Here are a few items spanning from early 2009 to early 2010. During this time, I had only recently begun to add singing to my repertoire. My voice was rather thin and nasal (think Jerry Lewis or SpongeBob SquarePants), and lacked resonance (think of Nat King Cole singing a slow song). What I did possess, though, was joy, and thankfully I still remain joyful when the occasion calls for it! I had so much fun “singing” that the things I learned from Kevyn Lettau’s one-on-one voice lessons were a revelation to me (and still are), namely the constant dropping of the jaw in a slow song. These entries may be somewhat frivolous and juvenile in a good way, but they at least provide the listener with what my voice sounded like before I started the lessons and recently afterwards. It never really changed that much, and it’s remarkable that it’s taking four years and counting for it to change (this even goes for my speaking voice!).
So without further ado, here’s more music!
You’re Gone, But That’s Okay
For my Poway High School senior project, I chose to learn about the recording studio environment, specifically the technical aspects of what goes into the audio portion of an album before, during and after recording. Jazz guitarist Peter Sprague, a San Diego favorite, has a neat studio which he calls Spragueland (see the picture posted on this site). I visited it in March 2009 and recorded the instrumental rendition of an original tune, “You’re Gone, But That’s Okay,” based on an idea from a friend formerly of Poway High School, Kim Monroe. The song is written for a musical theater project which is still in the works. This jazz rendering features me on Peter Sprague’s grand piano, and the bass, drums and clarinet from my Yamaha Motif 6. While the bass and drums you’re hearing are sounds that already came with the keyboard, the clarinet sound comes from a piece of additional software that Uncle Pat got for the keyboard which emulates real instrument sounds. Pay particular attention to three aspects of this song: the drum track, which had some editing work done on it using ProTools, listening especially for the cymbal crash which kicks off the piano solo; the piano solo also had some editing done because my improvisation didn’t follow the form of the tune; finally, the ending features the piano and clarinet doing a simultaneous “tweet.” This also had to be edited because originally they didn’t come in on time.
Cole Porter at Exum
While this was a fun experience, I didn’t quite learn all I wanted about what truly goes into the audio engineering aspect of recording. So, a month later, in April 2009, I visited Scott Exum Recordings in Escondido and focused on the work of composer-lyricist Cole Porter, whose life and work I studied intensely on my personal time. A warmup medley, featuring me on Scott’s Baldwin piano coupled with my vocals, consists of “I Get a Kick out of You” (from Anything Goes), “Do I Love You” (from DuBarry was a Lady), “We Open in Venice” (from Kiss Me Kate), and “Anything Goes” (from Anything Goes). (Check back for updates regarding this item; it doesn’t want to upload!). Following this, I did a fully-orchestrated, improvised, big band arrangement of “Do I Love You” featuring Baldwin piano and vocals recorded separately, and then from the Motif 6, bass, drums, saxes, trombones, trumpets and strings! Scott had to use AutoTune to adjust some of the pitches on a few spots in the vocals; this was the wake-up call that I needed singing lessons if I wanted to continue doing vocal numbers! Scott also had an applause sound handy from a sound effects disc, which we decided to tack onto the end for comic effect. While Scott Exum’s mix is nice to listen to, not every instrument can be heard. So, after Scott gave me a CD with each individual track as wav files, I imported each track into GarageBand at home and created a mix of the tune where every instrument is heard; this is the mix I used for my senior project, and it’s the one you’ll hear right now!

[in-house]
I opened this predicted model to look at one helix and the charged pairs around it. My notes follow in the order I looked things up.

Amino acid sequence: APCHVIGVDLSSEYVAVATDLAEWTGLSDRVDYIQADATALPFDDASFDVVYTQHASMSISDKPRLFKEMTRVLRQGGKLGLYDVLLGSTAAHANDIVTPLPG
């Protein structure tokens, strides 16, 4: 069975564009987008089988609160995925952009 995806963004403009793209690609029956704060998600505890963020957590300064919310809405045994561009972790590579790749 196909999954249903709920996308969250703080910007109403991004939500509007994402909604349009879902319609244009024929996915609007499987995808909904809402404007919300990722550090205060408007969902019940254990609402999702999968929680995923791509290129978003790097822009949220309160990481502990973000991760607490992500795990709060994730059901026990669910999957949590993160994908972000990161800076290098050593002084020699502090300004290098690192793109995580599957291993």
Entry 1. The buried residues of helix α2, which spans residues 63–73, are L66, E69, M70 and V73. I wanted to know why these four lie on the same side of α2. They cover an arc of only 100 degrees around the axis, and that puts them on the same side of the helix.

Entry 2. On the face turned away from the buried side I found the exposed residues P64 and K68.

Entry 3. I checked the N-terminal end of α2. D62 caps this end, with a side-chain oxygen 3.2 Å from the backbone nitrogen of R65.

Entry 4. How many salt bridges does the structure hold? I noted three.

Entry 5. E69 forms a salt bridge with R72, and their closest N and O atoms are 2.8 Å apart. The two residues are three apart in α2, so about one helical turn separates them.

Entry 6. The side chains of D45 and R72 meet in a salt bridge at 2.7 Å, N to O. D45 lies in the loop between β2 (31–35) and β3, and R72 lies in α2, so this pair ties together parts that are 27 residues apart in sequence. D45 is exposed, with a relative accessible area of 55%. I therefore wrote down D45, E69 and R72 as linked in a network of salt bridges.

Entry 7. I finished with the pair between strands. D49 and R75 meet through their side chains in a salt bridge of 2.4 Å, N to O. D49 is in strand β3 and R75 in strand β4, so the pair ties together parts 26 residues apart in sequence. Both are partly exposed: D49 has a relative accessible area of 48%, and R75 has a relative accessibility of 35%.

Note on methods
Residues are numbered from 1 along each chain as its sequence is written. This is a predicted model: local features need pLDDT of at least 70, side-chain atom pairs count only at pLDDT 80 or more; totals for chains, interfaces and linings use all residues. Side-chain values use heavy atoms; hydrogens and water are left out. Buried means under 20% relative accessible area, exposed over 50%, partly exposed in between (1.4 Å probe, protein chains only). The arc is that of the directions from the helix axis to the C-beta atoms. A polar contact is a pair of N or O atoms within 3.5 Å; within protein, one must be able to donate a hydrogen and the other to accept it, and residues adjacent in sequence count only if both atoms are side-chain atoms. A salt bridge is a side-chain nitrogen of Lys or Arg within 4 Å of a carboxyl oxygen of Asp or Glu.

Me and My Shadow
I made this in January 2010. Most of my GarageBand projects take 4 to 5 hours, and are usually spread out over a few days. This one was created and finished in 67 minutes. This 1920s standard, written by Al Jolson, Billy Rose and Dave Dreyer, received a swinging update from Frank Sinatra and Sammy Davis, Jr. when they performed it as part of the Rat Pack’s early-‘60s nightclub shows. Specialty lyrics were added for Sinatra and Davis by Sammy Cahn, which I slightly reworked in places to make them fit my world. I had never done a re-creation of a vocal duet with myself before, so this was my first informal experience trying it out in GarageBand. A rhythm section of piano, bass, drums, guitar and vibraphone is the foundation for two separate tracks of my vocals, that of “me” and “my shadow,” so to speak. So which voice is me and which is my shadow? You decide!
Check back for updates to this post – I have a few other projects to add here!